Despite the euro crisis becoming increasingly dire as European governments scramble to patch up the broken banking system in Spain and shore up sovereign debt and budget deficits, French citizens still overwhelmingly want to go on vacation this summer.
According to an l’Institut Français d’Opinion Publique (IFOP) poll, 73 percent of French citizens — a sizeable increase from last year — are still considering going on vacation this summer, with nearly a quarter saying that vacations of “three weeks” are ideal.
If you thought the French weren’t belt-tightening, however, you’d be wrong. More French citizens seem to prefer shorter vacations this summer. Those preferring one-week vacations grew from 13 percent in July 2010 to 21 percent in June 2012. Those preferring two-week vacations grew from 27 percent in July 2010 to 38 percent in June 2012.
France is known for having a rigid labor market and generous vacation times and employee benefits. However, these policies have contributed to a lack of competitiveness in the French economy and the country’s credit downgrading in January.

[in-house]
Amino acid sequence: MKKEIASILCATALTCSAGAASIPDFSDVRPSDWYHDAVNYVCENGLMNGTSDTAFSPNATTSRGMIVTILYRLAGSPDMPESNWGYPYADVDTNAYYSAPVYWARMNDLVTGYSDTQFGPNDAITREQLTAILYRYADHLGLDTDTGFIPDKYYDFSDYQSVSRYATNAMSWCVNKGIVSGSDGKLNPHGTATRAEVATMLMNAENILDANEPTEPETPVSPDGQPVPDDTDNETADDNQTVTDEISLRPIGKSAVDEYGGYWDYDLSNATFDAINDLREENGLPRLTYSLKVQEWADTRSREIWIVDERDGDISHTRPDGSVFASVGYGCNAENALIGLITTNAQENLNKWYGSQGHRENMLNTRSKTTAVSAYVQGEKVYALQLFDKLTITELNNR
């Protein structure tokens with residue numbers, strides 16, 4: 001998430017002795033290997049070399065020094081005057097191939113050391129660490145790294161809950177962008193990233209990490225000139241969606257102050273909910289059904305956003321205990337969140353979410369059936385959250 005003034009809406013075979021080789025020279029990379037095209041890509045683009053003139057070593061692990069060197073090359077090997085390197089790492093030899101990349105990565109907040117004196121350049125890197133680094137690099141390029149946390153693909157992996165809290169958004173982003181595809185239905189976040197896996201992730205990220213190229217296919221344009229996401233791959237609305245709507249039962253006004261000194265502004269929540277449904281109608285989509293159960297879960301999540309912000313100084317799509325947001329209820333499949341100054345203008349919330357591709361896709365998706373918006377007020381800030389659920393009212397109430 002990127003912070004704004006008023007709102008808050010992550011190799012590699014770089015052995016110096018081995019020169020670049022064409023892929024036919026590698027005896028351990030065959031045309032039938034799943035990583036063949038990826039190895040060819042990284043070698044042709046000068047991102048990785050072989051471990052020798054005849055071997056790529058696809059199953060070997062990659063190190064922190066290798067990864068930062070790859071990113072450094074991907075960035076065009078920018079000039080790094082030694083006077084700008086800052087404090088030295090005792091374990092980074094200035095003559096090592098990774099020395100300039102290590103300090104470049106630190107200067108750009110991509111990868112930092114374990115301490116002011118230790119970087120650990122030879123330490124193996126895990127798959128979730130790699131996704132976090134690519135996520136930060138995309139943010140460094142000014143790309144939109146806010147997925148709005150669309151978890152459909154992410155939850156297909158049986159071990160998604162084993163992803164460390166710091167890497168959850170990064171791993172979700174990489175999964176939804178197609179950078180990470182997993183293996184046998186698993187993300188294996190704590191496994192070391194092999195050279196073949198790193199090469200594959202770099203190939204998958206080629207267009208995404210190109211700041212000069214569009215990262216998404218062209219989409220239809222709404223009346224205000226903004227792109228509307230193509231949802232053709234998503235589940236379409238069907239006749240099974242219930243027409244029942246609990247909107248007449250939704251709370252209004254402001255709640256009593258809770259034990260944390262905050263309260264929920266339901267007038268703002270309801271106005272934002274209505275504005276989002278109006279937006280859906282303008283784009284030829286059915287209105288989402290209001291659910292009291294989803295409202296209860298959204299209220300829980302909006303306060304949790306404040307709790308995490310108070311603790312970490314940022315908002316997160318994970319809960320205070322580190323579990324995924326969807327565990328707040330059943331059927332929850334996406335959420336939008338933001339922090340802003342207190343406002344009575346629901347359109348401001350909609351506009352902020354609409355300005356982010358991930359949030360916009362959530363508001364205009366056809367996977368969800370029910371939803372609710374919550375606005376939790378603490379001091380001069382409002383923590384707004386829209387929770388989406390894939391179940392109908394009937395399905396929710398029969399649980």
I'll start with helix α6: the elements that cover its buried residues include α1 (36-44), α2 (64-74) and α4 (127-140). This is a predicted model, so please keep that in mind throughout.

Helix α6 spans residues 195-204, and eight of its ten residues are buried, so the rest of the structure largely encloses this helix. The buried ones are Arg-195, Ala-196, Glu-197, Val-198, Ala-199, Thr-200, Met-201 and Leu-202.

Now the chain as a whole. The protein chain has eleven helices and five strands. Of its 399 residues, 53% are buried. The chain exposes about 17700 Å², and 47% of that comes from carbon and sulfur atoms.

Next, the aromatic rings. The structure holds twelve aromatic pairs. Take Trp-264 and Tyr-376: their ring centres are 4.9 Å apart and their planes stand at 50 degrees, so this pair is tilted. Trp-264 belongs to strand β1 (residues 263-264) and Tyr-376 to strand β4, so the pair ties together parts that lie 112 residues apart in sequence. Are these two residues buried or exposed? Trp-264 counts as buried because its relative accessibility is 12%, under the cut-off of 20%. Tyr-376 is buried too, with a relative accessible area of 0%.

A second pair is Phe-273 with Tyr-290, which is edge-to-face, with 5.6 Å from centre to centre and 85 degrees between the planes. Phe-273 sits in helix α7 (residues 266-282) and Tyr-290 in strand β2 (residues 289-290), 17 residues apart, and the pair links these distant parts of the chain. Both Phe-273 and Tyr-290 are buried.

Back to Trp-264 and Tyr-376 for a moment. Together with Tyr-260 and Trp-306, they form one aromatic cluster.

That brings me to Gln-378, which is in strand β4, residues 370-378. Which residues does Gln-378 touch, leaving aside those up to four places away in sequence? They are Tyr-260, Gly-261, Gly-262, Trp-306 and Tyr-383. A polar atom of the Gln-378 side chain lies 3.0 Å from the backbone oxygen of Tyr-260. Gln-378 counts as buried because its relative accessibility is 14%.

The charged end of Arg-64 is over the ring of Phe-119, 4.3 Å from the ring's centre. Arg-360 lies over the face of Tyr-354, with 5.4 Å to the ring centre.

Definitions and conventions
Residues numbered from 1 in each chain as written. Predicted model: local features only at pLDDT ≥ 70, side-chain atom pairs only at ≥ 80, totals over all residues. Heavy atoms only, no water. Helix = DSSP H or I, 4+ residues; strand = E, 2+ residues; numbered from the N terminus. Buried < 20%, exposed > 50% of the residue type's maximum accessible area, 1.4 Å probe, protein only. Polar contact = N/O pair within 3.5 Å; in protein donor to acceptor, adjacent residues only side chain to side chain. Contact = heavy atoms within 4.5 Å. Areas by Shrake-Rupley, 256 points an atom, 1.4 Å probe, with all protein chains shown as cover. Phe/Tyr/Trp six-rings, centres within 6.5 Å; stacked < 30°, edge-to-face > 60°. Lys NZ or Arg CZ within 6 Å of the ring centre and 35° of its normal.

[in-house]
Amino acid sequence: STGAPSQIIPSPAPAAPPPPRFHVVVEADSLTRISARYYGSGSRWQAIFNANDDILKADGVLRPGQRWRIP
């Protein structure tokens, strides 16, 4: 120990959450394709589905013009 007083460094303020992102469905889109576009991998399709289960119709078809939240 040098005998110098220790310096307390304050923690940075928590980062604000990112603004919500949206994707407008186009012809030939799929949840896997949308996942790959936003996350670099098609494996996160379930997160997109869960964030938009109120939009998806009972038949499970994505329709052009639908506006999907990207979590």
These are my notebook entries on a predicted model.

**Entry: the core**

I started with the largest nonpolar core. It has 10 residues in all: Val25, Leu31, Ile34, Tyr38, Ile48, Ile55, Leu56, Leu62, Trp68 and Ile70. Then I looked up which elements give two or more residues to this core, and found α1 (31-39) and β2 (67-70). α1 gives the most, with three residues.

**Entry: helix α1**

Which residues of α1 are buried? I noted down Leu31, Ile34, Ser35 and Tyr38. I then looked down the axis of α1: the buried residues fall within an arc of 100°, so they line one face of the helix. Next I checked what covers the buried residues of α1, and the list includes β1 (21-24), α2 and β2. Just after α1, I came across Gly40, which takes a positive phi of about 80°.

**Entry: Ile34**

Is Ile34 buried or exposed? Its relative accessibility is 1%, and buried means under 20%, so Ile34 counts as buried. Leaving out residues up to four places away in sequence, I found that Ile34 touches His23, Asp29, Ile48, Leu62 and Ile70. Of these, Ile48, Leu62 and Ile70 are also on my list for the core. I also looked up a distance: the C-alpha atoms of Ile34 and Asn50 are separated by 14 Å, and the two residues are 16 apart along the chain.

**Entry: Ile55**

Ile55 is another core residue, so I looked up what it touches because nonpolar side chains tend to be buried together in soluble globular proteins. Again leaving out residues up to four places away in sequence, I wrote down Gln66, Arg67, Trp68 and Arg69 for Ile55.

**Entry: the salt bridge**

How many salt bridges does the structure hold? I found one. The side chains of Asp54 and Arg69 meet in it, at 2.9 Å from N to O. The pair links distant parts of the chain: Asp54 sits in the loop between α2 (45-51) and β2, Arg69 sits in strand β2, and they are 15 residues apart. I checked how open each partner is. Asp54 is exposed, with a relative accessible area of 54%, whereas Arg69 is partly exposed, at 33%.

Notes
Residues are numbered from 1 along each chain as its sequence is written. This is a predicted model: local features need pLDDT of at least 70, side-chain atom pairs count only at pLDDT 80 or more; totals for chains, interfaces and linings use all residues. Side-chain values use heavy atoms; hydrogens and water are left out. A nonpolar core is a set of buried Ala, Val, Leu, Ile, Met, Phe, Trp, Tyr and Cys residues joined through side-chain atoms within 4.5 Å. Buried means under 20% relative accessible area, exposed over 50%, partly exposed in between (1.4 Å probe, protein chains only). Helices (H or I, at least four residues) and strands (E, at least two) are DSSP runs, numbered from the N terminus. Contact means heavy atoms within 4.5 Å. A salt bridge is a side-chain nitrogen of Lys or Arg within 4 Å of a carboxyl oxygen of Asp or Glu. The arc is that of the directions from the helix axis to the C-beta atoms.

In fact, Standard and Poor’s singled out “labor market rigidities” when explaining the reasons for France’s credit downgrade in January from “AAA” to “AA+,” according to Reuters.
Labor costs in France are among the highest in the euro zone. The New York Times notes that even the World Bank has warned that French labor costs are “too high given the relatively small numbers of hours people work” and that the “situation was not sustainable amid fast-rising competition from Asia, Eastern Europe and other low-cost countries.”
Former French President Nicholas Sarkozy promised to reform labor markets back in 2007. But labor costs remain high, and current French President Francois Hollande is resisting pressure for labor market reform.
France’s unemployment rate now stands at 10.2 percent, and its debt to GDP ratio is about 85 percent of GDP, or 1.7 trillion euros.
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